Tolerance 101: Basics for Engaging Our Culture with the Gospel

whatever-happened-to-tolerance-1Tolerance is not all that it used to be. D. A. Carson sheds light on this reality. Carson notes a shift towards a new kind of tolerance in our culture. It is a shift from accepting the existence 0f different positions to accepting the different position itself.

Thus, “We move from allowing the free expression of contrary opinions to the acceptance of all opinions; we leap from permitting the articulation of beliefs and claims with which we do not agree to asserting that all beliefs and claims are equally valid.” (D. A. Carson)

This has never been more apparent than with the cultural shaming of HGTV stars Chip and Joanna Gaines or other Christians who have been on the wrong end of this new tolerance: Phil Robertson with A&E, the Benham Brothers with HGTV, and Louie Giglio with the White House.

How should Christians respond? In light of the most recent focus on the Gaines, a few helpful responses have already been posted (for example: Trevin Wax & Owen Strachan). In addition to these responses, an understanding of a biblically-informed tolerance is essential to sustain faithful witness in the face of this new tolerance (or intolerance).

Basics of a Biblically-Informed Tolerance

Tolerance is grounded in recognizing we are all made in the image of God
A biblically-informed tolerance is grounded in creation. Specifically, it is grounded in humanity’s shared creation in the image of God: “So God created man in his own image, in the image of God he created him; male and female he created them.” (Genesis 1:27) Thus, our common identity in the image of God requires that we value the life and dignity of all people. And an expression of that dignity is leaving room for “other people to have different beliefs or practices without an attempt to suppress them.”

Even when this privilege is not afforded to Christians in the public sphere, we must not respond in kind. Displaying a biblically-informed tolerance will promote its case for the common good. Requiring the acceptance of another’s belief at the danger of facing suppression actually stifles true tolerance.

Tolerance exists because Christ has not yet returned
To embrace a biblically-informed tolerance is not to deny that right and wrong exist or to jettison biblical truth. Tolerance exists because Christ has not yet returned. As we wait for Christ’s return, tolerance exists. When Christ returns, tolerance will cease to exist as “every knee should bow, in heaven and on earth and under the earth, and every tongue confess that Jesus Christ is Lord, to the glory of God the Father” (Phil. 2:10).

John Piper captures this truth so well:

“Jesus Christ will himself one day bring an end to all tolerance, and he alone will be exalted as the one and only Lord and Savior and Judge of the universe. Therefore, since Jesus Christ alone, the Creator and Lord of history, has the right to wield the tolerance-ending sword, we dare not.”

Tolerance leaves room for gospel conversation
As we await Christ’s return, tolerance should not only exist but it should be encouraged as it provides opportunity for gospel conversation.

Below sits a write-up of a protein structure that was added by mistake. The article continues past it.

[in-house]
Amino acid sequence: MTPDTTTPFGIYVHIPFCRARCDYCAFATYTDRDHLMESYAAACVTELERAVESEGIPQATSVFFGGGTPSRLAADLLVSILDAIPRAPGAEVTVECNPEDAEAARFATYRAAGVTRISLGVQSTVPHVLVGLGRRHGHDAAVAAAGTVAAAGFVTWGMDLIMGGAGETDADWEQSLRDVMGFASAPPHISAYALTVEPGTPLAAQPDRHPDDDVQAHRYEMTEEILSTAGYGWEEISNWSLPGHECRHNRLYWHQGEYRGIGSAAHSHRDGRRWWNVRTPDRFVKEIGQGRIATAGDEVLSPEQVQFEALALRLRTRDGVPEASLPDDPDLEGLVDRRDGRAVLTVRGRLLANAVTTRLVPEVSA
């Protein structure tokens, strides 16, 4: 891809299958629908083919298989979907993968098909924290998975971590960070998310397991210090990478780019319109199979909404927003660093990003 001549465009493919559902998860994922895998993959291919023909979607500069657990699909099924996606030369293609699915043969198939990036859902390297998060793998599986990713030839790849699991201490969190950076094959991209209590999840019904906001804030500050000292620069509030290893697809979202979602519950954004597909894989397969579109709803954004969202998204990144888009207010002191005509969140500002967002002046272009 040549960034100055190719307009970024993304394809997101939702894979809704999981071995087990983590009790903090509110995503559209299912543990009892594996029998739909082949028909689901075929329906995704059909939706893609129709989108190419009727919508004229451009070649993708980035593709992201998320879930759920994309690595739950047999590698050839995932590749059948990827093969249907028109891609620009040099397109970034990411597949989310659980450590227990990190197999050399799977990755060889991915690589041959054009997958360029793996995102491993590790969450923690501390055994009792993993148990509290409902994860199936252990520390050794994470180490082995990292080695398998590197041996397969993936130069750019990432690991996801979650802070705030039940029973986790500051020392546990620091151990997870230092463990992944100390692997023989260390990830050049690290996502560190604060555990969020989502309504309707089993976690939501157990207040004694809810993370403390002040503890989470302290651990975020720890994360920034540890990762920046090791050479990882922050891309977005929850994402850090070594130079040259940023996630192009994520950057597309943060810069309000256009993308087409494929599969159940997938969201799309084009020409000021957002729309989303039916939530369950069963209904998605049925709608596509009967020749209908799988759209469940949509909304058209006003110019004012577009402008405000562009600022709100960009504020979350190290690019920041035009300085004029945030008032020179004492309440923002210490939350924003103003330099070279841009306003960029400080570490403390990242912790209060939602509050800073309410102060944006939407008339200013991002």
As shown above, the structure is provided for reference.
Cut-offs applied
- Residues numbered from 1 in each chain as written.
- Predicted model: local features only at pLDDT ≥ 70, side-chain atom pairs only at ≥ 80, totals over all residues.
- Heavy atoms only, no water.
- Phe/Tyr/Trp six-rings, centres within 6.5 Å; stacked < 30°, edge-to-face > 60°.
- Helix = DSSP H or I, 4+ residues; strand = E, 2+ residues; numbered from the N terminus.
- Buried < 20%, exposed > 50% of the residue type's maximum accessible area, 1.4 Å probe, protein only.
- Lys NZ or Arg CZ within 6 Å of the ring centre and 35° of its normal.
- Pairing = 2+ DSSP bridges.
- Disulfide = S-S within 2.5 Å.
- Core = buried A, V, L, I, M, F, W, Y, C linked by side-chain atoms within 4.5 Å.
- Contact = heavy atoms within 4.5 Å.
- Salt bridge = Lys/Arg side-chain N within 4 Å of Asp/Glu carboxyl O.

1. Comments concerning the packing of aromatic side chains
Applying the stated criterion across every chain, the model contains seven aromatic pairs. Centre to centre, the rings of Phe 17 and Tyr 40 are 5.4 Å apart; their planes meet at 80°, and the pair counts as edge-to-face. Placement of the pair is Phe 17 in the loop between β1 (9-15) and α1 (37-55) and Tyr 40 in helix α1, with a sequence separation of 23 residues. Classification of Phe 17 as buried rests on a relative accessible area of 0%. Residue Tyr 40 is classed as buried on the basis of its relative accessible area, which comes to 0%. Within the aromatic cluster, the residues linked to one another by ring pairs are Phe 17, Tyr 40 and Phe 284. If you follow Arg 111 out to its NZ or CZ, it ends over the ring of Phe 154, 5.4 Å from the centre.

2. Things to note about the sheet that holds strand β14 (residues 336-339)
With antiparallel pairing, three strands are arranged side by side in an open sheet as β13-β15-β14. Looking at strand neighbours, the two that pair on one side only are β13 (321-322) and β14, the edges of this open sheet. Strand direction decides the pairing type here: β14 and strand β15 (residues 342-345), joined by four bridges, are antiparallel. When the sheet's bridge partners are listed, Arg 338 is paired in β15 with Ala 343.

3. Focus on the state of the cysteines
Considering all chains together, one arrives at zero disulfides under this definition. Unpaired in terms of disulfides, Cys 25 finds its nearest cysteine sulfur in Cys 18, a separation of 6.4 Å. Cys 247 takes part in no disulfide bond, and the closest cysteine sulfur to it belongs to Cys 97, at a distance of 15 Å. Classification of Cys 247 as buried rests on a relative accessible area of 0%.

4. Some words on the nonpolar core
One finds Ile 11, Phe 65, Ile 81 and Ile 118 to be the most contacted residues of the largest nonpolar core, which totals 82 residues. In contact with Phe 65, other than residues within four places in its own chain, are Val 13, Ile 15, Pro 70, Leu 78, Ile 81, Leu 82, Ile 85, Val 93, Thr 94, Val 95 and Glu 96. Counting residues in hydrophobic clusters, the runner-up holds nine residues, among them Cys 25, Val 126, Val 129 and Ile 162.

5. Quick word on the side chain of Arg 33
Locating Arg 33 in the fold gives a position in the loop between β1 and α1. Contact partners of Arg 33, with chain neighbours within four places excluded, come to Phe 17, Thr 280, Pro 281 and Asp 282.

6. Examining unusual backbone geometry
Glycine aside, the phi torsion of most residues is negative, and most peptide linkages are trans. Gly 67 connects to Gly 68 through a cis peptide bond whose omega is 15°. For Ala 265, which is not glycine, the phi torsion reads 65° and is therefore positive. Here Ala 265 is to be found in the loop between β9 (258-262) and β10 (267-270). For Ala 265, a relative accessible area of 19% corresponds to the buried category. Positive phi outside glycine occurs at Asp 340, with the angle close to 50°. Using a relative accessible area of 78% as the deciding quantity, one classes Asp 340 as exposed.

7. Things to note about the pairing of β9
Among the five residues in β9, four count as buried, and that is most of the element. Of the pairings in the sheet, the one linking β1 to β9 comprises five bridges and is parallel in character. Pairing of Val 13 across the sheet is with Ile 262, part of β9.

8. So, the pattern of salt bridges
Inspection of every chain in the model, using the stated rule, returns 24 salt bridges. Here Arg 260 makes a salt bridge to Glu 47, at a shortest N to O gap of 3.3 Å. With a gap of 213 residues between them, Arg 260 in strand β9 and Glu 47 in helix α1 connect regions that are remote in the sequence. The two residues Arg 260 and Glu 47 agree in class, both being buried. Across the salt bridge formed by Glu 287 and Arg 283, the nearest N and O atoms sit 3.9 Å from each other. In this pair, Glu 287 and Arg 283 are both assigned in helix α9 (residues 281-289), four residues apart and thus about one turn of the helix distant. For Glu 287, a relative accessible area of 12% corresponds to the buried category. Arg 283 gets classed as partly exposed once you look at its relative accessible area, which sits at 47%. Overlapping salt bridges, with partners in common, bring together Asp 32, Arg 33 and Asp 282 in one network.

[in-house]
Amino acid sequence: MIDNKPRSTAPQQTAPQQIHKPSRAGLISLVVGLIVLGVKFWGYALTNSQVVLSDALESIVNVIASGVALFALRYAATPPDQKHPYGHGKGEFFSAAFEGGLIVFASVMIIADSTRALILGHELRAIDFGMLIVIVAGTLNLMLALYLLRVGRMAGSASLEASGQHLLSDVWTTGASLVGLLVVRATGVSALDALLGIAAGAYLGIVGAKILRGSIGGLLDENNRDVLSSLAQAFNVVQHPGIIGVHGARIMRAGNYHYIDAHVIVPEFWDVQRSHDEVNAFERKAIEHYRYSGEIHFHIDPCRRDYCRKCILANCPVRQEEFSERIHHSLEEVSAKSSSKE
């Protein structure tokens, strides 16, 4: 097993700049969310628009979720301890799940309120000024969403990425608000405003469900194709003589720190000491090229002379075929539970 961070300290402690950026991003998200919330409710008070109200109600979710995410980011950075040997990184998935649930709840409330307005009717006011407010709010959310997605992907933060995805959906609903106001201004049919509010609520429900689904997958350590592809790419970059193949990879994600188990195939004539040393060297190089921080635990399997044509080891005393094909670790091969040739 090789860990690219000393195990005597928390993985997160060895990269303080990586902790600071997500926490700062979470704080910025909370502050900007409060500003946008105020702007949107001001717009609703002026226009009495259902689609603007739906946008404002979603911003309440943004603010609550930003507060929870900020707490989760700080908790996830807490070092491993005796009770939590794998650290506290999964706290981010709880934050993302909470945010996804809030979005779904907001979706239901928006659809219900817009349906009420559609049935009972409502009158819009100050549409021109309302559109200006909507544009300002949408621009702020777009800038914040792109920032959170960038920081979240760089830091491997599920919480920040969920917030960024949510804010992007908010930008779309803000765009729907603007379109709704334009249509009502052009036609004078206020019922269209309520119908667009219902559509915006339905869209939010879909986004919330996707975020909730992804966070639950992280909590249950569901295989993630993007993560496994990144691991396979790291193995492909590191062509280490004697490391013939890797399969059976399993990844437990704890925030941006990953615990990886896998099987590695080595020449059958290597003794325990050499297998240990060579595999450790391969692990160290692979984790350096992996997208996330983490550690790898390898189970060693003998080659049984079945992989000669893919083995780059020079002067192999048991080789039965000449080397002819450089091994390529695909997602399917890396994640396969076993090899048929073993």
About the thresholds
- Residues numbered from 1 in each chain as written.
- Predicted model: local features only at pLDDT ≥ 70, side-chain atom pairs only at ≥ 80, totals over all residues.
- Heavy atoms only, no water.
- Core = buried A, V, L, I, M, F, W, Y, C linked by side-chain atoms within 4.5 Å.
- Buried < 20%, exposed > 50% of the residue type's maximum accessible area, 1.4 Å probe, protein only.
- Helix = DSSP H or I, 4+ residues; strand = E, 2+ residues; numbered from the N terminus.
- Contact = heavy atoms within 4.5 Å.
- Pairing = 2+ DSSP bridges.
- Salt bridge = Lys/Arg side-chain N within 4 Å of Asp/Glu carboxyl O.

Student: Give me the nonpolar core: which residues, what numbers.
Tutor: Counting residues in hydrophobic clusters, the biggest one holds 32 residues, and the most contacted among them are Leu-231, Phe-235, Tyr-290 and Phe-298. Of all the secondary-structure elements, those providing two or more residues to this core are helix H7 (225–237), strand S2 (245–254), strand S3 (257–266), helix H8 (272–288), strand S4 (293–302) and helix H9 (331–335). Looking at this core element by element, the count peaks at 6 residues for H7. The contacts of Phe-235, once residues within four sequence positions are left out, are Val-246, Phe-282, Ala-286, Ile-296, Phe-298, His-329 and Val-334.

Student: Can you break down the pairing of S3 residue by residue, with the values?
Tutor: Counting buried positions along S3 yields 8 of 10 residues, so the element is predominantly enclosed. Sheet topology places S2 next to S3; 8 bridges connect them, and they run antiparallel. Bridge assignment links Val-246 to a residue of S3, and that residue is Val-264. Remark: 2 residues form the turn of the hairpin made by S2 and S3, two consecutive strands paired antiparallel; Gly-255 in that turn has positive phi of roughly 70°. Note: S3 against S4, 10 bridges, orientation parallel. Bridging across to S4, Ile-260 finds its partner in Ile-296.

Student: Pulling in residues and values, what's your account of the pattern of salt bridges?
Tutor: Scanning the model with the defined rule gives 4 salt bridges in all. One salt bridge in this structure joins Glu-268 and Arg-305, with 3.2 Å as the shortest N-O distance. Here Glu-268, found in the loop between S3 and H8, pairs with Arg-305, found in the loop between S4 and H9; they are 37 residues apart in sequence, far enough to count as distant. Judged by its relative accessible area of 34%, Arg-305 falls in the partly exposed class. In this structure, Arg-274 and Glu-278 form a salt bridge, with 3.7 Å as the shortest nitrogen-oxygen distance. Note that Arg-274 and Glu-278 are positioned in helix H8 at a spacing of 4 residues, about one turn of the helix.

Listen to 2 Peter 3:9:
“The Lord is not slow to fulfill his promise as some count slowness, but is patient toward you, not wishing that any should perish, but that all should reach repentance.”

We see how tolerance leaves room for gospel conversation in the ministry of the Apostle Paul when he entered the city of Athens. He was not put off by the plurality of their gods, but rather he was moved to compassion. His compassion was expressed through engaging those around him with the truth of the gospel:

“So Paul, standing in the midst of the Areopagus, said: “Men of Athens, I perceive that in every way you are very religious. For as I passed along and observed the objects of your worship, I found also an altar with this inscription, ‘To the unknown god.’ What therefore you worship as unknown, this I proclaim to you” (Acts 17:22-23).

Paul uses the plurality and tolerance of his culture to engage others with the truth about Jesus Christ. After he unpacks the gospel to his audience (verses 24-31), we see the response of his audience:

“Now when they heard of the resurrection of the dead, some mocked. But others said, ‘We will hear you again about this.’ So Paul went out from their midst. But some men joined him and believed, among whom also were Dionysius the Areopagite and a woman named Damaris and others with them” (Acts 17:32-34).

The response was a mixture of dismissal, interest, and reception. This kind of response is what a biblically-informed tolerance looks like. As we share ideas, discuss arguments, challenges others thinking, it allows for God to work in the lives of men and women.

“Hence the distinction: bad ideas and bad actions are tolerated (in the first sense), reluctantly and with bold articulation of what makes them bad, while the people who hold those bad ideas or perform those bad actions are tolerated (again, in the first sense) without any sense of begrudging reluctance, but in the hope that they will come to repentance and faith.” – D. A. Carson

How to Respond to the New Tolerance

Understanding a biblically-informed tolerance is foundational for engaging our culture with the gospel. Yet, we must also be prepared to respond to the increasingly influential new tolerance. What might this look like? Perhaps we will need to add more suggestions to this list, but here is a start:

  • Be prepared for opposition and persecution – Phil. 1:29
  • Don’t forsake the authority of the Bible – Acts 20:18-21; 2 Tim. 3:16-17
  • Set your hope on Christ and imitate him – 1 Peter 2:21-25
  • Keep the gospel as a priority – 1 Corinthians 9:19-23

 

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